Congratulations! Searching for the answers to these exercises and submitting the form has earned you the eMedia Key to the Treasure Chest!  If you have completed the previous 9 modules, you are now finished with the Treasure Hunt!

Monday, March 28, 2011

Reader's Advisory Abyss

“Do you know any good books?”  Every staff member gets this question eventually.  But how do you actually provide reader’s advisory?  Do you have to know every genre, subgenre, author, plot twist, and character out there?  No.  Just like providing reference services, you just need to know what type of questions to ask and where to go to find the information the customer needs.  In many ways, doing reader’s advisory is very similar to conducting a reference interview.  Customers often don’t know how to articulate what type of book they want.  They just know they want a “good” book.  You may find that you have to ask a few probing questions to find out what they mean by “good.”  Some examples of questions you could ask include:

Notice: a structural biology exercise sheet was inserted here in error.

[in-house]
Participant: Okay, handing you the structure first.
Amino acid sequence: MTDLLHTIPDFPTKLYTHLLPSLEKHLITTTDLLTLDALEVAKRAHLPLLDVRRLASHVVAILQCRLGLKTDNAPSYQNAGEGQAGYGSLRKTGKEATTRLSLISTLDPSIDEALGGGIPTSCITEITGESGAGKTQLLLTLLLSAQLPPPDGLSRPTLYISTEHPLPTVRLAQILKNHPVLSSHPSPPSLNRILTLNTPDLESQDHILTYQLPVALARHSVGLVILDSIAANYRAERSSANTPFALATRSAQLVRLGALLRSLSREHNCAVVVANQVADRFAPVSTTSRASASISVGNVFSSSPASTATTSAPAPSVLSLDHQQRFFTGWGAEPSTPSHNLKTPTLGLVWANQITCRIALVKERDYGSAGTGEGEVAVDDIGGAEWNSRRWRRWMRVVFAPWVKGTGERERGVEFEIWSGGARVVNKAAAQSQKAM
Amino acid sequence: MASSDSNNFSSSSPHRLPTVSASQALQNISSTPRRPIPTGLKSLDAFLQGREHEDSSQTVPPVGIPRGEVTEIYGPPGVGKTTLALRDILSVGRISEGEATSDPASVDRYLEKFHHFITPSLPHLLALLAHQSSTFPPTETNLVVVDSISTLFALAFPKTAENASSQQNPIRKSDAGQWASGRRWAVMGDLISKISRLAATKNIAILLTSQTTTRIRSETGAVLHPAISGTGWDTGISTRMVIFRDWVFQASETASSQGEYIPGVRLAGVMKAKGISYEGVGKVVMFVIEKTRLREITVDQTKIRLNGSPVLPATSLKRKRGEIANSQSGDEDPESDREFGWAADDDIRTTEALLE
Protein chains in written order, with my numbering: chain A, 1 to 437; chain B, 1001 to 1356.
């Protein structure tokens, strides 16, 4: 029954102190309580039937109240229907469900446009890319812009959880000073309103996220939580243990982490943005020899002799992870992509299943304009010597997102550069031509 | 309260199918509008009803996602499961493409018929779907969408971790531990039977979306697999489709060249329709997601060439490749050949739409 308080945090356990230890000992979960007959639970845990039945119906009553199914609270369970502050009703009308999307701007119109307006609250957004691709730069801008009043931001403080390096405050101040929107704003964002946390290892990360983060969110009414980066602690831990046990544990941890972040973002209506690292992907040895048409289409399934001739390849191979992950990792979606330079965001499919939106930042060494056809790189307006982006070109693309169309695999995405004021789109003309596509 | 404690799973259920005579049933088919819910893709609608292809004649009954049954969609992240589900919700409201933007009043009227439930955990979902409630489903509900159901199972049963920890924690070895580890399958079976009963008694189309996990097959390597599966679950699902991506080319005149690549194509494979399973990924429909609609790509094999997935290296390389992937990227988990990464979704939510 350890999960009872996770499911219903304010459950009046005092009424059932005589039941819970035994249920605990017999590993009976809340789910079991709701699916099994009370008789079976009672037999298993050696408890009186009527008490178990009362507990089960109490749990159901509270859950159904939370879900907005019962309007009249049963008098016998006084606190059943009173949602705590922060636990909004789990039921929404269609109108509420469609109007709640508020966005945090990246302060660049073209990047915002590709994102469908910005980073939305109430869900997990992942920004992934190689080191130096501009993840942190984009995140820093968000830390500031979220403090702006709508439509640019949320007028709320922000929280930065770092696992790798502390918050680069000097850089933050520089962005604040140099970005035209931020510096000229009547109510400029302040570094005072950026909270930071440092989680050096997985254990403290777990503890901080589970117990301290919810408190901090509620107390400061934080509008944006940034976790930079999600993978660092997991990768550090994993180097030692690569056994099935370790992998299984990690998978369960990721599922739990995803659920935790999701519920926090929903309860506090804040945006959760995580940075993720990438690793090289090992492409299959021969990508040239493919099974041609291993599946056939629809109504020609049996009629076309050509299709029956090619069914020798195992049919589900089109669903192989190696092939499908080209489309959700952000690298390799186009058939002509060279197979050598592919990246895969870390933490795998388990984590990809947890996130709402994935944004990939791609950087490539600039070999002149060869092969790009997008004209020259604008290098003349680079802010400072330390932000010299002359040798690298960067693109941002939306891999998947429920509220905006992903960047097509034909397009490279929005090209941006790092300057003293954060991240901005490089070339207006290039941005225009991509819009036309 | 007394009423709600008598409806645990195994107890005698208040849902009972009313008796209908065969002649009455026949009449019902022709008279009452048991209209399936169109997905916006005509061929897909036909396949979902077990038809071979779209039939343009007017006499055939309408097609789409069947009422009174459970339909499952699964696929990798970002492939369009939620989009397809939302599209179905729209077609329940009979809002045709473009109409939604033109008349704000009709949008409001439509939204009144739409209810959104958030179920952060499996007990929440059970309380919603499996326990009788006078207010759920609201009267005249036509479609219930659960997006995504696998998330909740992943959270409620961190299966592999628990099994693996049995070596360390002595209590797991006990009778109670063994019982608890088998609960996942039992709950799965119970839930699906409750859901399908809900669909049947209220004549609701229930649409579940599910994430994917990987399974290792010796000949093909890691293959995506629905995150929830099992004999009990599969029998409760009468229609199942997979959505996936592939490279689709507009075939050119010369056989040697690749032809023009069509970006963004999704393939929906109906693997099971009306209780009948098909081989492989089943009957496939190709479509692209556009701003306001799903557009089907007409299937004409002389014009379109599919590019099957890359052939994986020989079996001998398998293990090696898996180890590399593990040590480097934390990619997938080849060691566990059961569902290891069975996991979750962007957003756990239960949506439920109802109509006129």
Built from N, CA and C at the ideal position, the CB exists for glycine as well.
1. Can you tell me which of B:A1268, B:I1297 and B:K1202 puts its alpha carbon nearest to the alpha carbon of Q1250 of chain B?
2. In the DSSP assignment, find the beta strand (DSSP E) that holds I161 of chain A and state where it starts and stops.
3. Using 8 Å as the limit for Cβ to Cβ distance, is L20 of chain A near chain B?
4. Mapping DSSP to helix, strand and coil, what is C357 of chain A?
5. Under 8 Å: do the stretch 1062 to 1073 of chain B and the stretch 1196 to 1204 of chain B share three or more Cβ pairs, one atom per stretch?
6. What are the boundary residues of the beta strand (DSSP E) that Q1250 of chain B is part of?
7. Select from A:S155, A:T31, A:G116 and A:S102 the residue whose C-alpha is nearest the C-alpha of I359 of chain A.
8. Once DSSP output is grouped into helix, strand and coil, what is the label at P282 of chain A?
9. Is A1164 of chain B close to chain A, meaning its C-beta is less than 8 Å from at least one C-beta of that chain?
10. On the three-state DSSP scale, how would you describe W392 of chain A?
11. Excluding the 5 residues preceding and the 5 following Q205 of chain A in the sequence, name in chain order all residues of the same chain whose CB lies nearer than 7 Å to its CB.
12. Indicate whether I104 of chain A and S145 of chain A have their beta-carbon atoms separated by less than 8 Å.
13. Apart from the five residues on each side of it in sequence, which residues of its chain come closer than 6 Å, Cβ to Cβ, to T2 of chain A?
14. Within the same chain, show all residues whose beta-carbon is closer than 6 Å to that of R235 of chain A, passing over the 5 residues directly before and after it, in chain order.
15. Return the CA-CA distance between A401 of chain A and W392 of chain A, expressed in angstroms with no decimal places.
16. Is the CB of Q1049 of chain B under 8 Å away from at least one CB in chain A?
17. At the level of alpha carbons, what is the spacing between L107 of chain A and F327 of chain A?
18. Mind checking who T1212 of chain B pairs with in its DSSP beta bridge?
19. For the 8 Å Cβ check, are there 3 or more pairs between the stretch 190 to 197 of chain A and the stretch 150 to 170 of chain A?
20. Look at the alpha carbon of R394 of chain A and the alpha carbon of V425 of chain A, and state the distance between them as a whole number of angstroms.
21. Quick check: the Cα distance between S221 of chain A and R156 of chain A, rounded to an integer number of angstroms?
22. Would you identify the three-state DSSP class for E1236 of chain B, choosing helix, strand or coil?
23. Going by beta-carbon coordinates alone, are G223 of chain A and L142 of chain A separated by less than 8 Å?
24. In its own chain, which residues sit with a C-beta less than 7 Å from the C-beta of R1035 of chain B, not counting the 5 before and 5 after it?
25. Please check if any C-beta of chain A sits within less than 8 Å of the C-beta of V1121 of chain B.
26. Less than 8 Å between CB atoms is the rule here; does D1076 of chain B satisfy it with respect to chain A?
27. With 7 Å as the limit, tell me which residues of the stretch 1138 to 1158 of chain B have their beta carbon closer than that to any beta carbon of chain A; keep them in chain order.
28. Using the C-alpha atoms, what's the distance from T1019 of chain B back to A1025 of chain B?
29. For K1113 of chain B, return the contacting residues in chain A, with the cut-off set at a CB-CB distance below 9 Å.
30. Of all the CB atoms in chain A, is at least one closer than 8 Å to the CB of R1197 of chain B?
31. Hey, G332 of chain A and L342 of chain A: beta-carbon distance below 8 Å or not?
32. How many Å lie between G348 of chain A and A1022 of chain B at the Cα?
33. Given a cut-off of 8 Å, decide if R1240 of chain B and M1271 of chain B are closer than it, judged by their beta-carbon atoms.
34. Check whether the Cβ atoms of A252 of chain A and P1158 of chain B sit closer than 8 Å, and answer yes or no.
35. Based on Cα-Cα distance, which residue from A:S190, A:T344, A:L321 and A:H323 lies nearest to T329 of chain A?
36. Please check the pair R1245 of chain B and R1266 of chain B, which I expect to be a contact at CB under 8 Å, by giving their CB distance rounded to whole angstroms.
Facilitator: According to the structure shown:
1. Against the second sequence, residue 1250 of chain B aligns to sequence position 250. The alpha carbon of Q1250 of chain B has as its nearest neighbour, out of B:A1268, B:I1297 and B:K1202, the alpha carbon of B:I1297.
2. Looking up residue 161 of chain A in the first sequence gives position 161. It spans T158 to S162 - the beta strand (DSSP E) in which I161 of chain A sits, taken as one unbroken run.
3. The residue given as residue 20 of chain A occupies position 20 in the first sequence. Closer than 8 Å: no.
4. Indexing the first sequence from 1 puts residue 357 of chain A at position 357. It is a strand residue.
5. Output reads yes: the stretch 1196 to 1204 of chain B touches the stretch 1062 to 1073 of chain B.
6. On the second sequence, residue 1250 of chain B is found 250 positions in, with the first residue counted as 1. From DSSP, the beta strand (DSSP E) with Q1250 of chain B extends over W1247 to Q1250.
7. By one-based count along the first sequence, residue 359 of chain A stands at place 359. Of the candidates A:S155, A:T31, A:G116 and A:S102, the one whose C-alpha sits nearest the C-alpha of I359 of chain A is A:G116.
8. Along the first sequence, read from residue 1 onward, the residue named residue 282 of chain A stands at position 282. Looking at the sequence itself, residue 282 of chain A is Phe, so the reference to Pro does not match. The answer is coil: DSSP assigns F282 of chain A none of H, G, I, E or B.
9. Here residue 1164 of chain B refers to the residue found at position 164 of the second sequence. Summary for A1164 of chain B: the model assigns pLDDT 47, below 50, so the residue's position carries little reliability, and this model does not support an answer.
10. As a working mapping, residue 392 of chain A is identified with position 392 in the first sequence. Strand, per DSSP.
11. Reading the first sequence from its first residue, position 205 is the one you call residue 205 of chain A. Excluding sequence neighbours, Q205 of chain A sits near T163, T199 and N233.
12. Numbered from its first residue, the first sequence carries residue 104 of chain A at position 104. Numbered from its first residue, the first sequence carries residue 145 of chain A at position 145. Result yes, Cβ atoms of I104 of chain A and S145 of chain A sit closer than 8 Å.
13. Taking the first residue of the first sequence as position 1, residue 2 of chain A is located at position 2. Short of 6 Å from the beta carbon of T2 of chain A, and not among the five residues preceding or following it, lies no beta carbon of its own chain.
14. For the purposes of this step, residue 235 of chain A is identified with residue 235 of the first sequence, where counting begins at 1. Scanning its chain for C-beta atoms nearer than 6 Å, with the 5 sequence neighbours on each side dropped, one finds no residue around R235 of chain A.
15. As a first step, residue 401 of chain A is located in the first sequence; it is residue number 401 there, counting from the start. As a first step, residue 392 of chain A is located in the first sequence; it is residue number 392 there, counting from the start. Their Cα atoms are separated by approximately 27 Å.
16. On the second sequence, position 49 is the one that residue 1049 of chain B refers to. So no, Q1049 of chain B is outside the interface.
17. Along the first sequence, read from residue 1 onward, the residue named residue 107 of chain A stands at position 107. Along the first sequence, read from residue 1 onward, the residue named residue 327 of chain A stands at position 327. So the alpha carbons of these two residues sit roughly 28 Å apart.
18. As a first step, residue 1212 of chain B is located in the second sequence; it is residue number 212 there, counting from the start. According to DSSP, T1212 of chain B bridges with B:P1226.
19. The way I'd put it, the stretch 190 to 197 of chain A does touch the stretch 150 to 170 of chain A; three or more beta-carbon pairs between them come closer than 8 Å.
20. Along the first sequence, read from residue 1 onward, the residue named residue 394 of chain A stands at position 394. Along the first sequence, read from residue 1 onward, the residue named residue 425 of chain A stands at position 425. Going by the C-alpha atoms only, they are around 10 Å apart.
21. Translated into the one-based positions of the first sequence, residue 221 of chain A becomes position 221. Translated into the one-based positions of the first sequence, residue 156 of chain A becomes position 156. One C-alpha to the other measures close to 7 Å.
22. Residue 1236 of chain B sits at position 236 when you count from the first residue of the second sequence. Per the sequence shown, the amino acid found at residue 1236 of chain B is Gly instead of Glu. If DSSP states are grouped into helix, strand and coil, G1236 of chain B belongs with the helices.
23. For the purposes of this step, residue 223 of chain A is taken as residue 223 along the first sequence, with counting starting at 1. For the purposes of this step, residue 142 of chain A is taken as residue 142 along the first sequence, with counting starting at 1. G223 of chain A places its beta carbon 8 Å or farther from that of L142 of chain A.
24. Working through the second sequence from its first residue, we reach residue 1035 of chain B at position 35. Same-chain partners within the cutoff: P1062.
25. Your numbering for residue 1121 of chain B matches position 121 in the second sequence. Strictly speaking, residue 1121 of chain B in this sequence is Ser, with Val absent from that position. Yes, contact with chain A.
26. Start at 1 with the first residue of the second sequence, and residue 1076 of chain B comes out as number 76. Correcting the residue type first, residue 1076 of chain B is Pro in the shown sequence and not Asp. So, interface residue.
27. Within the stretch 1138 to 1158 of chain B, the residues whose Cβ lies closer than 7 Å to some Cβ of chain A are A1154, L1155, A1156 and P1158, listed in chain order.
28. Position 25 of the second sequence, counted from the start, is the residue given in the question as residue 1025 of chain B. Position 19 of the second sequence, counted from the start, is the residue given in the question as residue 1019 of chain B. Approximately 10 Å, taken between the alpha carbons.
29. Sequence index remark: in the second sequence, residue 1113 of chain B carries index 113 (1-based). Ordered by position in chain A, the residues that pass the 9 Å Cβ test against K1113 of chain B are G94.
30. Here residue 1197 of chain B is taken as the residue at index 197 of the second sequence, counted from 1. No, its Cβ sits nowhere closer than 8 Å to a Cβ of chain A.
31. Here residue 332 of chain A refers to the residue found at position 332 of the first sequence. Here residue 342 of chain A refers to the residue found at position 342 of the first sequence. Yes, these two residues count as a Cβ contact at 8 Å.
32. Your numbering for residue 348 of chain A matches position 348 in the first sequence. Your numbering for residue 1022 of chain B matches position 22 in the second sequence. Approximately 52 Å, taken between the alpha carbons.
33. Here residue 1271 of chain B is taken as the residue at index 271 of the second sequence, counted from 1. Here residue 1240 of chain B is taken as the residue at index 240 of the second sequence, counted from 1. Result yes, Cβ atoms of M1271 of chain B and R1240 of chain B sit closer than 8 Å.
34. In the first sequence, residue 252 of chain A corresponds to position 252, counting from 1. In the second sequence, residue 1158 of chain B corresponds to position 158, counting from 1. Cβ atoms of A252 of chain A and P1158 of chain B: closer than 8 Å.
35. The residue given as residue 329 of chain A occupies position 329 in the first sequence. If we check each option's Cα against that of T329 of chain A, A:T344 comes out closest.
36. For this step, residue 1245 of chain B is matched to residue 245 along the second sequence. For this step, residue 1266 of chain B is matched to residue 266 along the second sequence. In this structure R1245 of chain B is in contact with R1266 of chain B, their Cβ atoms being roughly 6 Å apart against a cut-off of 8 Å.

“What authors do you like to read?”
“What was the last good book you read?”
“What was the last book you read that you did not enjoy?”
“Do you want something light or something serious?”

HCPL has an online
Reader's Advisor service
called Book Hunters. Let your 
customers know about it and
check it out yourself.
As customers start giving you answers, you will begin to get a clearer picture of what type of book they are looking for.  Now, it is time to offer them some suggestions.  There are many resources you can use to provide the customer with a list of suggestions.  Let’s explore them in our hunt.
On to the Hunt...
Record your entries using the form on Harriet.  Be sure to submit when you are done.


NoveList